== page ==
“What we're trying to do is to develop a theoretical system that is sufficiently refined, and on a large enough scale, to do forecasting and predictive understanding in advance.”
From high-throughput genomics to superfast computers to wireless sensing, technologies have converged to the point where developing such predictive technologies is theoretically possible. However, “with the small amount known now about pathogenic organisms,” Yates says, “making accurate predictions is like asking a chemist to function knowing only 10 percent of the periodic table.”
Next for NEON: Blueprint time!
In mid-September, AIBS and NSF announced a two-year, $6 million cooperative agreement establishing the NEON Design Consortium and Project Office at AIBS headquarters. The goal: to develop a blueprint for the network and a plan for implementing it that will best address the nation's most pressing ecological concerns.
Codirecting the NEON Project Office in Washington, DC, are University of Virginia professor of environmental sciences Bruce Hayden, and William Michener, associate director of NSF's LTER Network Office at the University of New Mexico. “The office is critical,” says Hayden, “and it's also critical that we now have six postdocs who are helping in the process and a public relations direc tor [who] can help us get the message out.”
“There are some real benefits to having a group like AIBS do this,” agrees Michener. “In six months, we've been able to hire six full-time employees. Quite frankly, at most universities in a three-month period, we'd probably still be in the interview stage. We've been able to move quite rapidly.”
Both Hayden and Michener have previous experience in NSF's Directorate for Biological Sciences Division of Environmental Biology—not to mention a history with NEON that dates to its earliest days.
The idea for the national network, in fact, can be said to have begun as a twinkle in Hayden's eye back in 1997. Shortly after the success of the Network for Earthquake Engineering Simulation in acquiring funding for a distributed network of sites, he envisioned a similar network for ecological/environmental observatories. The NEON codirectors further credit the longtime assistant director of NSF's Directorate for Biological Sciences. “NEON wouldn't be where it's at now without the real shepherding that's been done by Mary Clutter,” says Michener. “She has been the one constant.”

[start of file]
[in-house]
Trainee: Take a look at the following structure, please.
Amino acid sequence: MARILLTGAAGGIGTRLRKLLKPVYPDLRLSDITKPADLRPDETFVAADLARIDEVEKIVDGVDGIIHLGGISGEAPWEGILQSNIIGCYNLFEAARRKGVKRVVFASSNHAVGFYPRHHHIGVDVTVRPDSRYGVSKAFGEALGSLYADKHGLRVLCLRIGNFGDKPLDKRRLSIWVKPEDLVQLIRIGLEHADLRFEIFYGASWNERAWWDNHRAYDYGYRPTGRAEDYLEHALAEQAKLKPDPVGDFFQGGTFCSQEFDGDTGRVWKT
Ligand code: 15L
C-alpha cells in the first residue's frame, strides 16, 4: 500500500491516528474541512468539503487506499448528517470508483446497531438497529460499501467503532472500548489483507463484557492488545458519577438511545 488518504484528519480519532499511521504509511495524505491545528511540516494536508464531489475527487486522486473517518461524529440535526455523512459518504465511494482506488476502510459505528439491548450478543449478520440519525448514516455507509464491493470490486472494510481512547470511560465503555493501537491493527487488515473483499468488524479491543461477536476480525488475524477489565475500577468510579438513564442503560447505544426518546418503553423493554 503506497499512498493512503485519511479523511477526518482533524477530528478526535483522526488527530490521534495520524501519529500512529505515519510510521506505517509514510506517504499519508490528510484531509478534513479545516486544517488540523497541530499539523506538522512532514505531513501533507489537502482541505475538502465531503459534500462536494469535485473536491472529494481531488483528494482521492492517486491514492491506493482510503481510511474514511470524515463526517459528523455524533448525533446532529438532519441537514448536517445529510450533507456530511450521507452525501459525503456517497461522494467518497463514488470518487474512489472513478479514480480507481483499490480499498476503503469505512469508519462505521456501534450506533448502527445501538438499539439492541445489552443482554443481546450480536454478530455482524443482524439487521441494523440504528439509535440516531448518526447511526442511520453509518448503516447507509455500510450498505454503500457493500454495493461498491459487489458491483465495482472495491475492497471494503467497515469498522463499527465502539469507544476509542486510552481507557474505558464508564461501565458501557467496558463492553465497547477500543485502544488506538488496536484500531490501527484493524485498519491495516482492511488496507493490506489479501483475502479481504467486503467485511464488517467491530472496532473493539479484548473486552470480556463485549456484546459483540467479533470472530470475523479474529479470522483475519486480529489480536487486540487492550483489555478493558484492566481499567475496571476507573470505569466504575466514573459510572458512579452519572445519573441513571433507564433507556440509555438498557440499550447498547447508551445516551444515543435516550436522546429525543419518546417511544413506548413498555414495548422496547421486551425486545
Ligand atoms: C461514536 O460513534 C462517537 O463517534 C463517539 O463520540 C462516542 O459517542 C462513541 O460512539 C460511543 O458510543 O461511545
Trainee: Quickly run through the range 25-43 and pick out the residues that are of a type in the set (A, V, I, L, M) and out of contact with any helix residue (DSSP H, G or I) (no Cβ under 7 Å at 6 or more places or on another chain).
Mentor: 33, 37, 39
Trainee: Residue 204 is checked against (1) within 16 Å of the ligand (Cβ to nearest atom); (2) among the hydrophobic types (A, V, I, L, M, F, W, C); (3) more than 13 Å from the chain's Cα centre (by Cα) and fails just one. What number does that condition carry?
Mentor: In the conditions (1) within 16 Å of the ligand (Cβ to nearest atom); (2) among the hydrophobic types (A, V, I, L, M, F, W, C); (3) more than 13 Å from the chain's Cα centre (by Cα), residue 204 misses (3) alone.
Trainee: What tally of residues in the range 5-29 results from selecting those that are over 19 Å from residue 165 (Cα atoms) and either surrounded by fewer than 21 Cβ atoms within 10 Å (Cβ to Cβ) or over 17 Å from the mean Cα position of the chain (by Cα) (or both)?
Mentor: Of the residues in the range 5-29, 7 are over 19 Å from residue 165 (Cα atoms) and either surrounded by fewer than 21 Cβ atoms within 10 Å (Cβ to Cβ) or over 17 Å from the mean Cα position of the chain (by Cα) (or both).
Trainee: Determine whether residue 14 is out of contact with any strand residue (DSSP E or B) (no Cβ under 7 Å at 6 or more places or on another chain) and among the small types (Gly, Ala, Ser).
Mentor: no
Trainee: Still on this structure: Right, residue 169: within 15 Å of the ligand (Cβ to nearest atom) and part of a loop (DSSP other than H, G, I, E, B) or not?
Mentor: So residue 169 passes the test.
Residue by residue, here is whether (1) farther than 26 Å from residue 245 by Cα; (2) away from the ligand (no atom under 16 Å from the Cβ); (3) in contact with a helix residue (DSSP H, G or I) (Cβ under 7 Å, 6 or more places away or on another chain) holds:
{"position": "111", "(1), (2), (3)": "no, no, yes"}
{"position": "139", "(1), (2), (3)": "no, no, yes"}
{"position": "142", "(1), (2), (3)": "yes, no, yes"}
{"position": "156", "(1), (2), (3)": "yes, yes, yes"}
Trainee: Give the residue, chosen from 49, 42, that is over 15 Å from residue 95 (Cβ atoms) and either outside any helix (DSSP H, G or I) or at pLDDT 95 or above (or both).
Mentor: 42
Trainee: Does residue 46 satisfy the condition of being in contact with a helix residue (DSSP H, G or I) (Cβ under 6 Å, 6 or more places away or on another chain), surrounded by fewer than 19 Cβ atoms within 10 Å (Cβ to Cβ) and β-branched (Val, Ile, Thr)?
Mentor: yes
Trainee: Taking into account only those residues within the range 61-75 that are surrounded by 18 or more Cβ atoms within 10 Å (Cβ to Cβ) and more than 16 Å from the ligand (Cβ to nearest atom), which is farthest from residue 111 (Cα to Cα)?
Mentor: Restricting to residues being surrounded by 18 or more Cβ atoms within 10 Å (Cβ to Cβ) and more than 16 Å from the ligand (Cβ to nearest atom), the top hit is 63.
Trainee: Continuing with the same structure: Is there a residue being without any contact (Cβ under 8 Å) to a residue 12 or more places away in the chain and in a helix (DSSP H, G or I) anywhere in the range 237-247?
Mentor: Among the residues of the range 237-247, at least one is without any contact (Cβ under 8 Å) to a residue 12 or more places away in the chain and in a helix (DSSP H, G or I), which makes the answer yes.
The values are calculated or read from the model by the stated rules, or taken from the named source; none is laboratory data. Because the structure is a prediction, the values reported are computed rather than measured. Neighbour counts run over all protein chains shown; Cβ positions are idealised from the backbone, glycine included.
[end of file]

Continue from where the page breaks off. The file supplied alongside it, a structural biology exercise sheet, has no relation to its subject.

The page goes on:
Grassroots NEON supporters—hundreds of whom have taken part in self-organized, regional groups—should not feel excluded by the most recent changes in the planning team's approach, Goldman says. He wants such groups to stay involved.
Hayden emphasizes, however, that timeliness is of the essence. “Watch the [NEON] Web pages to see what the next big activity is, because we can't go back to revisit it,” he says. “We have 21 months to do a very important, extensive job, so every day it's forward. We don't look back.” Calls for input and schedules of upcoming meetings are regularly being posted online at www.neoninc.org.
Elizabeth Blood, program director for NEON in the NSF Directorate for Biological Sciences since June 2003, agrees. “It will be really be important for the rest of the science community to participate in this and give feedback in this critical six-month period,” Blood says. “This is going to be the window of opportunity to make their needs, concerns, issues known.”
With eight years of conceptualization behind it, the NEON process may seem to some to have been endless, but Hayden assures it has actually been following a path not unusual for large infrastructure projects. After the next 2 years of planning and design, he anticipates 5 to 8 years of building planning and purchasing—followed by 30 years of NEON in use. He sees his own and his colleagues' involvement in the planning process as a late-career responsibility and gift to the future of the biological sciences. “For most of us who are Boomers,” he points out, “it's going to be our graduate students who take advantage of it.” What he and others envision is a future worth planning for: one that breaks down boundaries between disciplines and removes limitations to knowledge.